… seems pretty clear to me. Conflating the two rules serves to AMPLIFY the offense by JCU.

      • I just don’t see how it is reasonable to expect to stay employed by an organization that you are publicly accusing of wrong doing.
        It would be similar to a person who makes a sexual harassment claim against an officer of a company. An internal investigation occurs and the person does not feel the internal investigation is hard enough on the officer. The person then makes public the sexual harassment claim and says the internal investigation was not fair. It is perfectly reasonable that the person would be fired for publicly accusing the company of wrong doing.

  10. Professor Ridd – best of luck from Houston – and don’t forget, all that global warming is speeding up the glaciers!

    • As at 18 May 2018
      Mr Bill Tweddell, Chancellor
      As Chancellor of the University, Bill Tweddell is the Chair of the University governing body, Council and presides over all Council meetings.
      As Vice Chancellor of the University, Professor Sandra Harding is the equivalent of the Chief Executive Officer of a substantial company.
      CHAIR Mr. C. Charlton DEPUTY CHAIR Mr B. Martin.

      Imagine they are having weekly meetings at the moment. I did send a letter of complaint to one of them.
      More letters, from Australians in particular [overseas feel welcome] would be good.
      Some of them must be unhappy at the treatment dished out to a person they have worked with and got on well with over the years.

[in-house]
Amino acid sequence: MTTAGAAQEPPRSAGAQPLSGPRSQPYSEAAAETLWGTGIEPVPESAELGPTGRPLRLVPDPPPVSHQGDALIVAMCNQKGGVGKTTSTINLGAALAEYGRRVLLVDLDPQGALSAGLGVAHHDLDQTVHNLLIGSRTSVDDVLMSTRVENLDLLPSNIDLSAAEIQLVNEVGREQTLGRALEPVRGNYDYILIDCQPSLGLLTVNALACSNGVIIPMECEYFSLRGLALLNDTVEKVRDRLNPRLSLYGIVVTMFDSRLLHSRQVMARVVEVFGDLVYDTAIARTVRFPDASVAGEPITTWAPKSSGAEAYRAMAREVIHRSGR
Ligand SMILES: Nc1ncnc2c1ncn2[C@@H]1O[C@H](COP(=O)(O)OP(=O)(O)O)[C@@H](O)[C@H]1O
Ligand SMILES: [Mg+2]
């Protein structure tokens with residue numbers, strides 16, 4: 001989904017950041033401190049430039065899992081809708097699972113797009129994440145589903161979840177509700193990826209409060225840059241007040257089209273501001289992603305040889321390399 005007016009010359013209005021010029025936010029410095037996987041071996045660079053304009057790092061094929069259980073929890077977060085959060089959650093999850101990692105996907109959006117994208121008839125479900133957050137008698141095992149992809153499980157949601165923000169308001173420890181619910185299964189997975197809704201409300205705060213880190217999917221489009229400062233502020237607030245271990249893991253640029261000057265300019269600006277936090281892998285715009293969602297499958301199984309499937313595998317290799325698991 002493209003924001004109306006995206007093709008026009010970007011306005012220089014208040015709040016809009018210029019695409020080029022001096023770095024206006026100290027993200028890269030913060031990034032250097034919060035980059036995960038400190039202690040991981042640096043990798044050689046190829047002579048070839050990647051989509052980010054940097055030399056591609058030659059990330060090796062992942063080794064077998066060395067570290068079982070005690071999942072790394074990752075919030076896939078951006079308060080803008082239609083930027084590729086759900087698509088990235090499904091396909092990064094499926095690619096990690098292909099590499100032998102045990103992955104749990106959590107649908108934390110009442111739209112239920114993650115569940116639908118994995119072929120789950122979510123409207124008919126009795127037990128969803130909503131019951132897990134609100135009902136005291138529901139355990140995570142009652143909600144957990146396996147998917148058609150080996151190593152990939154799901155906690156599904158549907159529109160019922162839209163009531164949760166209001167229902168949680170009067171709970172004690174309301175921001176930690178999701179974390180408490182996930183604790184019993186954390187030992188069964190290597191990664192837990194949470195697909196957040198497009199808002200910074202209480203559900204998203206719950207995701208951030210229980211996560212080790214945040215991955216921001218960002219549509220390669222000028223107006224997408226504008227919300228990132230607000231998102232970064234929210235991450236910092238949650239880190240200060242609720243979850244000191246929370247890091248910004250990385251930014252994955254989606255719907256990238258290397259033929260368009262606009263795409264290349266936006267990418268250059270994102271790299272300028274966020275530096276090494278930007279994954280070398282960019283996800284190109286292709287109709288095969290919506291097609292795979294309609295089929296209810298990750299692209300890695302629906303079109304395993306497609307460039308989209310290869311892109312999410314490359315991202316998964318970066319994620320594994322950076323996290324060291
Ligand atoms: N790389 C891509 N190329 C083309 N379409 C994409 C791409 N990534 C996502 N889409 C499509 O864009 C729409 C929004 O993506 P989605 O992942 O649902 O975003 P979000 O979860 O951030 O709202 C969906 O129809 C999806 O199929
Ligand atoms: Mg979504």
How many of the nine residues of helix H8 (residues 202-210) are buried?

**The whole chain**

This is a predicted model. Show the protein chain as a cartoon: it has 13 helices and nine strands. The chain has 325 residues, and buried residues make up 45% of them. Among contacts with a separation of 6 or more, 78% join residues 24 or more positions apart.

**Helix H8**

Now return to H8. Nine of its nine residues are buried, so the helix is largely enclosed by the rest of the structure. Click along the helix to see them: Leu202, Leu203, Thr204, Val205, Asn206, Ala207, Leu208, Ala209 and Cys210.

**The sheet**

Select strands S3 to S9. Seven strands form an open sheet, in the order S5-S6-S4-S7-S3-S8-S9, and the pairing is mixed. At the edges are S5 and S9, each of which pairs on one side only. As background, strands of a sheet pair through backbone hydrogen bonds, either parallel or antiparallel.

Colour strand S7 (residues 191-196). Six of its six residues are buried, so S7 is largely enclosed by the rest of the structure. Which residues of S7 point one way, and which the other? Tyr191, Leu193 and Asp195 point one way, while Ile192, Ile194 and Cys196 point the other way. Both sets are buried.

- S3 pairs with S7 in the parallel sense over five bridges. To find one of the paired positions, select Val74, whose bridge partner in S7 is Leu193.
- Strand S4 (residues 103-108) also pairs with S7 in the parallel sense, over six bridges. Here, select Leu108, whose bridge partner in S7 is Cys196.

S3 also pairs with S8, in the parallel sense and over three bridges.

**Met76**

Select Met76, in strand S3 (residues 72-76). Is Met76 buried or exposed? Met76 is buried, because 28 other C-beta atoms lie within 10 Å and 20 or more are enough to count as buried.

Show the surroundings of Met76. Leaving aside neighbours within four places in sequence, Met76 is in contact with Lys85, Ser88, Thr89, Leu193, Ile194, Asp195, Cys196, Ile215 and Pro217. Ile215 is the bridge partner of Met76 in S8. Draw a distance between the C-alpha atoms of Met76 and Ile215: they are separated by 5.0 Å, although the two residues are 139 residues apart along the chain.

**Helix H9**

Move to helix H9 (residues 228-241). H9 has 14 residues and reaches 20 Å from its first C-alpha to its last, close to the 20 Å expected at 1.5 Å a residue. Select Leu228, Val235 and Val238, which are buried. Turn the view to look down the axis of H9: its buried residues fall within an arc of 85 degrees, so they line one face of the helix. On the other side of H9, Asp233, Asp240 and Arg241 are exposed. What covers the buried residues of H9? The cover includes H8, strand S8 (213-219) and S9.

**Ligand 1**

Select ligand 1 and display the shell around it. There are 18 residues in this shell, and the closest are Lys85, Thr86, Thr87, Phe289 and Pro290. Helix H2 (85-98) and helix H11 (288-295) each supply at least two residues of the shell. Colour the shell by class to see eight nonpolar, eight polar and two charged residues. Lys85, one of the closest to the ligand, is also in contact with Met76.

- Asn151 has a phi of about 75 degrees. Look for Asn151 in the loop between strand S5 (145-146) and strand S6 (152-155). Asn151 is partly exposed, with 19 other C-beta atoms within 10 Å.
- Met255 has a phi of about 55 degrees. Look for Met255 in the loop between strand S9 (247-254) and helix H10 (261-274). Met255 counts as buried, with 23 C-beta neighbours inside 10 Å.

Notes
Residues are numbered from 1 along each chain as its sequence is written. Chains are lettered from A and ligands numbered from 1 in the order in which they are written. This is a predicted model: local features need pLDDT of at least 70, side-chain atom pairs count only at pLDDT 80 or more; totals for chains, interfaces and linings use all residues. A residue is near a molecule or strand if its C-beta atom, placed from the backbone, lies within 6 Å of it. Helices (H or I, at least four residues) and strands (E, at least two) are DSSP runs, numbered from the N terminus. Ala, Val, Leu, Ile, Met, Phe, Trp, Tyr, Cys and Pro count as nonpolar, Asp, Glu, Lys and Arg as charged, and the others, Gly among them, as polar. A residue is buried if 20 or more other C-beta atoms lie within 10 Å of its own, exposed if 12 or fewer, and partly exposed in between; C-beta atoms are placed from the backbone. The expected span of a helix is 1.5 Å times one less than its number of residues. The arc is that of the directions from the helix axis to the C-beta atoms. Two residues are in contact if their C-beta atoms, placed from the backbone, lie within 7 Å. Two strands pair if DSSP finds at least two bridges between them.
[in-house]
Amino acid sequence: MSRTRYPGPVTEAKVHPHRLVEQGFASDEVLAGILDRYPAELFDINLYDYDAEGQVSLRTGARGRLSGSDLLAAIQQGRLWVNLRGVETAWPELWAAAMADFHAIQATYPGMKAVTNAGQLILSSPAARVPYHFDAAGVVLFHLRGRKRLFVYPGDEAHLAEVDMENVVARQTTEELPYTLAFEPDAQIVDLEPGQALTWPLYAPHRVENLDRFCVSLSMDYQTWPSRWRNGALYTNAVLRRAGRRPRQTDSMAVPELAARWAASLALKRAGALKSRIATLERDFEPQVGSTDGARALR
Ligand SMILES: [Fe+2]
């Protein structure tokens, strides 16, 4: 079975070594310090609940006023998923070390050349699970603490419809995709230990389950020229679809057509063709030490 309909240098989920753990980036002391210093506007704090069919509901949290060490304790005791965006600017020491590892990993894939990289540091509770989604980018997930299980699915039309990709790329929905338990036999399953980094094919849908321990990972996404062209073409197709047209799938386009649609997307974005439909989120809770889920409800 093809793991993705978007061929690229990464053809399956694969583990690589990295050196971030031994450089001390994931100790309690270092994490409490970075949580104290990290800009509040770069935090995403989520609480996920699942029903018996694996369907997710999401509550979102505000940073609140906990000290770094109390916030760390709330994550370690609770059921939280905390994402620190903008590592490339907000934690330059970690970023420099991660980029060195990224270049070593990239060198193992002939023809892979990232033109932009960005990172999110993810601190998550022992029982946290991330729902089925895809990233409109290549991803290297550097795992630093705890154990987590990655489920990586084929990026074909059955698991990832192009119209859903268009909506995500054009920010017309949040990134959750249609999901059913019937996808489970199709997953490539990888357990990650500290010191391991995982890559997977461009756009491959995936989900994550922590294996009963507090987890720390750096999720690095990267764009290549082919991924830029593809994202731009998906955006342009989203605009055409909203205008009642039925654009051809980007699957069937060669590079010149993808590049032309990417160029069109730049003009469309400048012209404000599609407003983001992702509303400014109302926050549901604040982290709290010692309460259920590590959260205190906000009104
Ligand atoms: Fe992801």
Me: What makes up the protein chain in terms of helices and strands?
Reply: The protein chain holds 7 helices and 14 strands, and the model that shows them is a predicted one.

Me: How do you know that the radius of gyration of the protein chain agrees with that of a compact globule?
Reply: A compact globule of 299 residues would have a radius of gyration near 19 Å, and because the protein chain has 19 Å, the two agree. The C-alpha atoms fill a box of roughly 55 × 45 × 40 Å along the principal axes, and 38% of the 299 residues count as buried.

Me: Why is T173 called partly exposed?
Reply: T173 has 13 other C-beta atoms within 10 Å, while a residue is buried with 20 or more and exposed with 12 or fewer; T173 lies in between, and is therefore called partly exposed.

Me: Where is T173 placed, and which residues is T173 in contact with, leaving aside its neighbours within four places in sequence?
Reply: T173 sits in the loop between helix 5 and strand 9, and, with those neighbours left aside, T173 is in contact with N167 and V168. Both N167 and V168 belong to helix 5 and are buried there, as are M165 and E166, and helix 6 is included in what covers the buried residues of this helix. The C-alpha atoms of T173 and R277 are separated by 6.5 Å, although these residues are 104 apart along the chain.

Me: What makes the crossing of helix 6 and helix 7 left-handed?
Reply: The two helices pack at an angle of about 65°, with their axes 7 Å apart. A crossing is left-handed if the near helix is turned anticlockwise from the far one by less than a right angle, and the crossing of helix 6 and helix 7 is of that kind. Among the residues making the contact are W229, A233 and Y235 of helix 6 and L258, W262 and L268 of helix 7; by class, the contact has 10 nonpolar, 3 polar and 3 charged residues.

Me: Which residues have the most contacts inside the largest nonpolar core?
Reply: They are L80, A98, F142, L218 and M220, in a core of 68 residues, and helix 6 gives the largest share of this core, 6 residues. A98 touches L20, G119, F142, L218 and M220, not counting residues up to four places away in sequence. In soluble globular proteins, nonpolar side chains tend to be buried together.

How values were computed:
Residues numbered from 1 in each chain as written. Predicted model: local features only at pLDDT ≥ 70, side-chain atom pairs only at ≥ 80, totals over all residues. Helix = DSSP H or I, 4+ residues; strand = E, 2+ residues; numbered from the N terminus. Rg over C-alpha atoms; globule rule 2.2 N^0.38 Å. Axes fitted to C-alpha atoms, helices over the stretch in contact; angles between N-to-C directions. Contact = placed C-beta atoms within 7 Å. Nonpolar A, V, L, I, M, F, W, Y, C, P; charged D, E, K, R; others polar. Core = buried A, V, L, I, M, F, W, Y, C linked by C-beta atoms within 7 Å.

11. It is a pity that journalists cannot also take their employers to court for either forcing them to blatantly lie or for not allowing them to say the truth. These are the two ways that the public is being misled on so many different things not just CO2.

  12. You don’t suppose there are Peter Strzok and mistress back room email dealings in all this? Been in the Ivory Tower. It could happen.

    Request all emails.

  13. And in all of this, JCU has never said that Dr Ridd was wrong. Just that he shouldn’t say that his peers were wrong.

    • And not even that. They said that it is uncollegial to use ‘wiggle and squirm’ or say that they ‘may no longer be trusted’ – as colleagues are needed to be trusted on. The trust can do wonders. Ask Alan Sokal for details.

      All this boils down to the idea of a scientific misconduct. Are you guilty of misconduct if you expose something that could be a sign on misconduct going on? Isn’t that weird.

      I think it is beyond suspicion that there were multiple attempts to spin, but doing email searches in order to locate emails where Ridd was telling others what is going on, is, let’s say, interesting.

  14. I hope his legal team includes a Queen’s Counsel.